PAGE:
- Work and financial difficulties. Adults with ADD/ADHD often experience career difficulties and feel a strong sense of underachievement. You may have trouble keeping a job, following corporate rules, meeting deadlines, and sticking to a 9-to-5 routine. Managing finances may also be a problem: you may struggle with unpaid bills, lost paperwork, late fees, or debt due to impulsive spending.
- Relationship problems. The symptoms of ADD/ADHD can put a strain on your work, love, and family relationships. You may be fed up with constant nagging from loved ones to tidy up, listen more closely, or get organized. Those close to you, on the other hand, may feel hurt and resentful over your perceived “irresponsibility” or “insensitivity.”
Look familiar? When you talk teenagers, you're looking at a high risk of dropping out when they can't do the school work, with the social difficulties, with the inability to keep up, with the feeling of inadequacy that comes with all of those. It's not that they are stupid, it's that they just can't cut it in the classroom. I can't allow that to happen.
Walter has ADHD but with his meds, his ADHD doesn't interfere with his academic performance. Walter is fine. He has plans, he has goals, he has the support he needs, he has confidence in his abilities, he's not just floating through life unfocused and unaware. He is not struggling in school (except math, and he's getting tutoring for that). He does not need a 504 or an IEP.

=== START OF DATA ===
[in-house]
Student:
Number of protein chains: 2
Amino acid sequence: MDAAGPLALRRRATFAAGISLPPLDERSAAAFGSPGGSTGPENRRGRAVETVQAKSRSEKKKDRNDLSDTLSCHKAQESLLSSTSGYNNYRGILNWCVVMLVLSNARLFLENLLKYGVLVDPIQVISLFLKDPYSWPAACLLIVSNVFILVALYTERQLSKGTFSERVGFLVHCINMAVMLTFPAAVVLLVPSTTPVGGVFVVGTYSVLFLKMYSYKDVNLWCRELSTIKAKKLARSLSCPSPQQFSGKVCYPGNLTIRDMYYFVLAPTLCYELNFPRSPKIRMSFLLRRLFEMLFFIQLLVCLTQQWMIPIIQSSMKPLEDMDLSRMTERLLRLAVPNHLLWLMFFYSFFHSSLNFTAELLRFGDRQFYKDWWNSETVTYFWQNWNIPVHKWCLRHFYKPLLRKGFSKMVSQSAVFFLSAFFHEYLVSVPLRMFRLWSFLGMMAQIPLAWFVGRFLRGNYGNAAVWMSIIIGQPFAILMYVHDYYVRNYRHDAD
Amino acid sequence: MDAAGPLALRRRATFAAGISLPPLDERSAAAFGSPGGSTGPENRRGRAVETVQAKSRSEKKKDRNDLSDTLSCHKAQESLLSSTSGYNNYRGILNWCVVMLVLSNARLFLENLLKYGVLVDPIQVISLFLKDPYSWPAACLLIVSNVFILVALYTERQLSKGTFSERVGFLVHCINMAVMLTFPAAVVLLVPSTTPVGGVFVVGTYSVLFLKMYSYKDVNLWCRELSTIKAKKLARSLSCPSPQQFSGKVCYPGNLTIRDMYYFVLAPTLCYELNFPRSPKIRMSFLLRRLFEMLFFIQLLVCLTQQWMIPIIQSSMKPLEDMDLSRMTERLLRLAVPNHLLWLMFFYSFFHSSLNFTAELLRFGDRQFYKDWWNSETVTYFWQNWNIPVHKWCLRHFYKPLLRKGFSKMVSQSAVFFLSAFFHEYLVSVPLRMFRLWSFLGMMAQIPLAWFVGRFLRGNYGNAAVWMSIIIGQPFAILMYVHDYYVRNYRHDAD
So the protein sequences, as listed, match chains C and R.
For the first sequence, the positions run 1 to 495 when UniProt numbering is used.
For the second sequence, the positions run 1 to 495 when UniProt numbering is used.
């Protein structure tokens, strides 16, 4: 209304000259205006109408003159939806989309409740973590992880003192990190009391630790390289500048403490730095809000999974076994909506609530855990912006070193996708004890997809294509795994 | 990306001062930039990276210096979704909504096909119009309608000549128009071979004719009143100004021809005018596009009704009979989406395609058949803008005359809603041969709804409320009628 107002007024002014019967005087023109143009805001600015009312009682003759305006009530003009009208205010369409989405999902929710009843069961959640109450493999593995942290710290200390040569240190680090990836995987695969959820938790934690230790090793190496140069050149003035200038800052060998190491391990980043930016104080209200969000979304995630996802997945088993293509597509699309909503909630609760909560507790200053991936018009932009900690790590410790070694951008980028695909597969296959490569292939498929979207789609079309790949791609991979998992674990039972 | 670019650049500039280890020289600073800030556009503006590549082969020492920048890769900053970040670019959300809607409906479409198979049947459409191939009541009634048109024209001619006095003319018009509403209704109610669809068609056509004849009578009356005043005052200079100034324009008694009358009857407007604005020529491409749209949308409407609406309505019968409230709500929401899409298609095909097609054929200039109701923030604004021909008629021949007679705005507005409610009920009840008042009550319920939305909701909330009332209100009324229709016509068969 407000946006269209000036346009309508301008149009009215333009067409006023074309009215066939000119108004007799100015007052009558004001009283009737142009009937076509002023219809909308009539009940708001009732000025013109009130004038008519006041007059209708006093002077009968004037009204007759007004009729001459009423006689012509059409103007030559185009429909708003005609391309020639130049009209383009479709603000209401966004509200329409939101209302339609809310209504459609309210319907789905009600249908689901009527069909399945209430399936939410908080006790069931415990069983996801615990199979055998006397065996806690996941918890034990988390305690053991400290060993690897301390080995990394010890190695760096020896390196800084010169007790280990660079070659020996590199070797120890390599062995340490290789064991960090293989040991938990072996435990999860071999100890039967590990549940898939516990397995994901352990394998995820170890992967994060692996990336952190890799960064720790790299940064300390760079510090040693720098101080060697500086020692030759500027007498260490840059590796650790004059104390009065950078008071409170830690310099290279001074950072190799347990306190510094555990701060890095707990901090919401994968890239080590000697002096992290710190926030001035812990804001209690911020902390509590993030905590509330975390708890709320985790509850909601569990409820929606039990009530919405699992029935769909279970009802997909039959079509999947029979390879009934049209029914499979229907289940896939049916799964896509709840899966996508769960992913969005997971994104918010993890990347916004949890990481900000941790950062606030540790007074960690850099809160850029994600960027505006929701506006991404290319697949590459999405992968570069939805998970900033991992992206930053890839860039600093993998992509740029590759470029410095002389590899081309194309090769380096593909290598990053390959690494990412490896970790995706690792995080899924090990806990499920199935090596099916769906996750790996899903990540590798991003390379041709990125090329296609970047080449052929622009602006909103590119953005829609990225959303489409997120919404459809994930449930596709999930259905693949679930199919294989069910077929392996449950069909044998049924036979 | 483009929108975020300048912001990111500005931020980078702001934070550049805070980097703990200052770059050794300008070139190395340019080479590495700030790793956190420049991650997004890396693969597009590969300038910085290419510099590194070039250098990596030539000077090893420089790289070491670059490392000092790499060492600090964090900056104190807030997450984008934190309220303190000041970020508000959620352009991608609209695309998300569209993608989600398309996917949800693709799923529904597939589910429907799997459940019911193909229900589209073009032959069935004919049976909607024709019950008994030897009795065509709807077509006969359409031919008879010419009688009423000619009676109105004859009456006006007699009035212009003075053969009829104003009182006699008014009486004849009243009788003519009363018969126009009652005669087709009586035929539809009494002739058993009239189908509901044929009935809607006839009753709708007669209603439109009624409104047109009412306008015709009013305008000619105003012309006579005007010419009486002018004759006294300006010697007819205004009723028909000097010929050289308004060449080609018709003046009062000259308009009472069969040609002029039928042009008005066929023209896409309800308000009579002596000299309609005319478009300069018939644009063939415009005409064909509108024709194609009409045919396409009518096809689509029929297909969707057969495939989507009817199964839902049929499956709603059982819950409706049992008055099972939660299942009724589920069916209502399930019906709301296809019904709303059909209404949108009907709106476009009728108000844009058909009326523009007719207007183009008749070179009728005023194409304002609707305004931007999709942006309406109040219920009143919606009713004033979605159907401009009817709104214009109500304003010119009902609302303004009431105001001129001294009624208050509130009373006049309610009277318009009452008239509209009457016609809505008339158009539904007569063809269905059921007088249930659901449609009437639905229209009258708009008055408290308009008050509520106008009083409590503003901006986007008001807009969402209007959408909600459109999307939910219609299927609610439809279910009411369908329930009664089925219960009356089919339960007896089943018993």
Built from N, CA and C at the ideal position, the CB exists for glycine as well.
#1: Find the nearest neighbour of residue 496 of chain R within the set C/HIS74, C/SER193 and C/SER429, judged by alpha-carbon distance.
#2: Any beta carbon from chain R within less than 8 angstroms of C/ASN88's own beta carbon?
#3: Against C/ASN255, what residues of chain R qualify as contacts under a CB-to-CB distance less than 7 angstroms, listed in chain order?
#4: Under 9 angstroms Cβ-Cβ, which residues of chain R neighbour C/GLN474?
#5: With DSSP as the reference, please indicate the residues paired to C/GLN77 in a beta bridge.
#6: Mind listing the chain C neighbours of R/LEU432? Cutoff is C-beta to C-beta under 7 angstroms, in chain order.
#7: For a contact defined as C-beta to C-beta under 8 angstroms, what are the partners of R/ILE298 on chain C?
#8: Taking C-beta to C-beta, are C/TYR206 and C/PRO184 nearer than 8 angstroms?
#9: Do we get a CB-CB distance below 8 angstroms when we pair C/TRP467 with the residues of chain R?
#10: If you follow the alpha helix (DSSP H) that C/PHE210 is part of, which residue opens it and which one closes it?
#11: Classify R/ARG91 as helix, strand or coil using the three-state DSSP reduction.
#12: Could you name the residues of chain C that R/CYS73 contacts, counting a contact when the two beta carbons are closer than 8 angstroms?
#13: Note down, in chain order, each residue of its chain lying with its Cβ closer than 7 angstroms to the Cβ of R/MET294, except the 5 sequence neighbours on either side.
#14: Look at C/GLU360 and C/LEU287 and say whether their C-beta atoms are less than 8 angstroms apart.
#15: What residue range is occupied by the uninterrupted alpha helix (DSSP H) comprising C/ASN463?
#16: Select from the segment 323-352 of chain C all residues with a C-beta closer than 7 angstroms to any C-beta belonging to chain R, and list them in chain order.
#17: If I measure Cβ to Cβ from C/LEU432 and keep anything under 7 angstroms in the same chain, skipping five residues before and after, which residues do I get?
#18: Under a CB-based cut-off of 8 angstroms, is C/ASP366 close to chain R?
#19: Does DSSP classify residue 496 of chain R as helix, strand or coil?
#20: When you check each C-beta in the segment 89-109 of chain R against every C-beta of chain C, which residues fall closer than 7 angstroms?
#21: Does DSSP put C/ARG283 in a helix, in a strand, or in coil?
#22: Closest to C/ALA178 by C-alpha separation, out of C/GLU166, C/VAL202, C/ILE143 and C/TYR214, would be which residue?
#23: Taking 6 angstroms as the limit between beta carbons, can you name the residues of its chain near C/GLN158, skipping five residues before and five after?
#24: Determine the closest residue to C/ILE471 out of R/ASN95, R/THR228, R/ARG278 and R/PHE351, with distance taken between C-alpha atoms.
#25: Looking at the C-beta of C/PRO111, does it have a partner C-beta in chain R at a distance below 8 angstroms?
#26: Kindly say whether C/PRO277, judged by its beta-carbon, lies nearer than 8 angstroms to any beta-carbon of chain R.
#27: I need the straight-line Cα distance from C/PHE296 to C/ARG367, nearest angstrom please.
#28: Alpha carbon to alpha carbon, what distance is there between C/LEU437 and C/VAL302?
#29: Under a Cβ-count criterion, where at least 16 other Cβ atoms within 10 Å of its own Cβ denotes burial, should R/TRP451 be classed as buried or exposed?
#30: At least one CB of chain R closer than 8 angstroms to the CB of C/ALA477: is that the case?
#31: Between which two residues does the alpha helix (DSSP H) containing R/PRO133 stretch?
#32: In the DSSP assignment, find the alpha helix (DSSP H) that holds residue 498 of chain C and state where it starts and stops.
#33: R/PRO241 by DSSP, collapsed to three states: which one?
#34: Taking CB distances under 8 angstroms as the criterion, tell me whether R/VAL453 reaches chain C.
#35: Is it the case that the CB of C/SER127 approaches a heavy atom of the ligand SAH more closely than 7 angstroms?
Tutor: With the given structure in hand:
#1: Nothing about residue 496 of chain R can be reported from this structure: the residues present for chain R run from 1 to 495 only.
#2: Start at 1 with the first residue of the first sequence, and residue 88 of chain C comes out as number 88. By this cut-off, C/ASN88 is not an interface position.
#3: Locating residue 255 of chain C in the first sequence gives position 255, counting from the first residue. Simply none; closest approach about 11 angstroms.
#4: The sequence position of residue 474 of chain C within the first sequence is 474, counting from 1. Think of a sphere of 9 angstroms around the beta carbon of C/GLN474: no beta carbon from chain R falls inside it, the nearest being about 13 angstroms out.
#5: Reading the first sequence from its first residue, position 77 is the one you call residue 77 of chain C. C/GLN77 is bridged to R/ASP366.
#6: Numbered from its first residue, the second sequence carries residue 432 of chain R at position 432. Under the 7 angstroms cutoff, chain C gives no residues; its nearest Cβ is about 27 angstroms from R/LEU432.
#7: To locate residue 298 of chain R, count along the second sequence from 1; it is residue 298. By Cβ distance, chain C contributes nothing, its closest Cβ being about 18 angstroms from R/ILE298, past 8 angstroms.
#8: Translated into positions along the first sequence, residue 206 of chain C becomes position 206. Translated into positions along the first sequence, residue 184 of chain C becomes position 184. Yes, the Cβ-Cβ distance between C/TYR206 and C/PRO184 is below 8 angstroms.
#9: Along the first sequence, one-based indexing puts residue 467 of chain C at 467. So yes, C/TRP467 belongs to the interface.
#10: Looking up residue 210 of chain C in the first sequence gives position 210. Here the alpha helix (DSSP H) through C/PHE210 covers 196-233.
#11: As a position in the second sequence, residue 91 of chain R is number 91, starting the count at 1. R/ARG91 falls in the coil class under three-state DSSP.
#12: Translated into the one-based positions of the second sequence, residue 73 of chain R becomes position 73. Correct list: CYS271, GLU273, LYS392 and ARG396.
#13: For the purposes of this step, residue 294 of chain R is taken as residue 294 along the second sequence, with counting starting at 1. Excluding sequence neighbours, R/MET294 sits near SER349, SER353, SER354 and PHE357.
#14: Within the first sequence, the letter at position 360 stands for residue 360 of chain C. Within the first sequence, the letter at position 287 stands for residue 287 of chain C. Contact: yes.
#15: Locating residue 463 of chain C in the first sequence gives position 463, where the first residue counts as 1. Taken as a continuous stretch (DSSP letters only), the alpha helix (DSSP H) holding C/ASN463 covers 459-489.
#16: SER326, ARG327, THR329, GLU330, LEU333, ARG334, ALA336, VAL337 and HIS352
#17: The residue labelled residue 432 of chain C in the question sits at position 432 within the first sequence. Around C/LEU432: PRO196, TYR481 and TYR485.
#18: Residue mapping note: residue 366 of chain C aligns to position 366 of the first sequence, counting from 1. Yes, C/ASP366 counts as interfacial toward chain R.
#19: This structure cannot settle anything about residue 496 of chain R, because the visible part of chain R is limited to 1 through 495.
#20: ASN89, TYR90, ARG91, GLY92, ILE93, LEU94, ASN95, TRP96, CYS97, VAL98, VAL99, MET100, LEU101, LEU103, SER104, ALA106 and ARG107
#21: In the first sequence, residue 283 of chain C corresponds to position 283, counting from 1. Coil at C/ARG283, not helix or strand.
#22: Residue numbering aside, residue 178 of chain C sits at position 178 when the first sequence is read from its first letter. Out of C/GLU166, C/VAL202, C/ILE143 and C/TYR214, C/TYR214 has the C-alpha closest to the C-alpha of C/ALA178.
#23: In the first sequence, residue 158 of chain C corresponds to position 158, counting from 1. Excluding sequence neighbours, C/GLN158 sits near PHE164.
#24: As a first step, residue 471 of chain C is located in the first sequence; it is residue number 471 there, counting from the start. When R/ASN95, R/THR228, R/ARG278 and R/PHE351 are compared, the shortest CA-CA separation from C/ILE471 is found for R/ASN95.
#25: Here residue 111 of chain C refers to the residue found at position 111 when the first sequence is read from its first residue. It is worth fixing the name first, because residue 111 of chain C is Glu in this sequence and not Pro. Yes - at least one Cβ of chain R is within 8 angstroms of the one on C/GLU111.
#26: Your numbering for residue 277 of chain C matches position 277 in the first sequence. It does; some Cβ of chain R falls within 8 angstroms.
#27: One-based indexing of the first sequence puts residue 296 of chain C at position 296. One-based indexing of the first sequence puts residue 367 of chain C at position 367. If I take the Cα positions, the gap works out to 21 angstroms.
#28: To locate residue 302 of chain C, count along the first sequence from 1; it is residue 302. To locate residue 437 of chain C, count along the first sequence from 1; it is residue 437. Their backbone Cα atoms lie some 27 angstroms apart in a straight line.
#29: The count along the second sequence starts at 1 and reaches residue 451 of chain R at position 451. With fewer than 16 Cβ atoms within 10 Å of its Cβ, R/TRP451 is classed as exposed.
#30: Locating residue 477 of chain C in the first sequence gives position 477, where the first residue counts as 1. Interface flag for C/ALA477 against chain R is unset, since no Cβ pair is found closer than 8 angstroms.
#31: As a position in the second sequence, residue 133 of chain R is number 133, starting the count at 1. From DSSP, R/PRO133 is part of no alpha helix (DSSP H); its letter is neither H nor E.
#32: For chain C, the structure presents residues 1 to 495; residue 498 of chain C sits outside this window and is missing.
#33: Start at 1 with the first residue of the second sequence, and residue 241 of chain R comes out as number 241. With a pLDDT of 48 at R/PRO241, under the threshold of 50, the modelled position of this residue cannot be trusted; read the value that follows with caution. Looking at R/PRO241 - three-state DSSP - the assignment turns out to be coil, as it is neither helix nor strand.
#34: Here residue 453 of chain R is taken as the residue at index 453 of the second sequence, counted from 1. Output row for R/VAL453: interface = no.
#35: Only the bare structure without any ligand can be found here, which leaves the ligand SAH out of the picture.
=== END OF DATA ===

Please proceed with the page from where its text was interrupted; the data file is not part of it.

Goofy is on medication, and the medication does help, I've made sure this teacher sees the difference. Last year the teacher and the nurse pushed to have Goofy take his medication at school, I refused. This year Goofy takes his meds at home except for the 2 days per month that he has to use the last of his pills in the nurse's office- the pills that we agreed should be kept at school for just in case in exchange for him taking his meds at home. The teacher has noticed the difference and it's documented in her report to the evaluator at UMSL. The Goofy Child's medication is working but it's not enough. He needs help in school and that brings us to the difference...
I am determined. At this point, I'm not furious, I'm not on the edges of insanity (*cough*yet*cough*), I'm just angry enough to be seriously motivated and determined enough to go to any lengths necessary to get this child what he needs to have a free appropriate public education whether it's FAPE under IDEA or FAPE under section 504. I also understand that this isn't the end of it. It's very important but it's not now or nothing.
And, that's where we're at right now. I'm hoping we can have the meeting to discuss evaluation before Christmas break, then I have several weeks of free time before the ball starts rolling.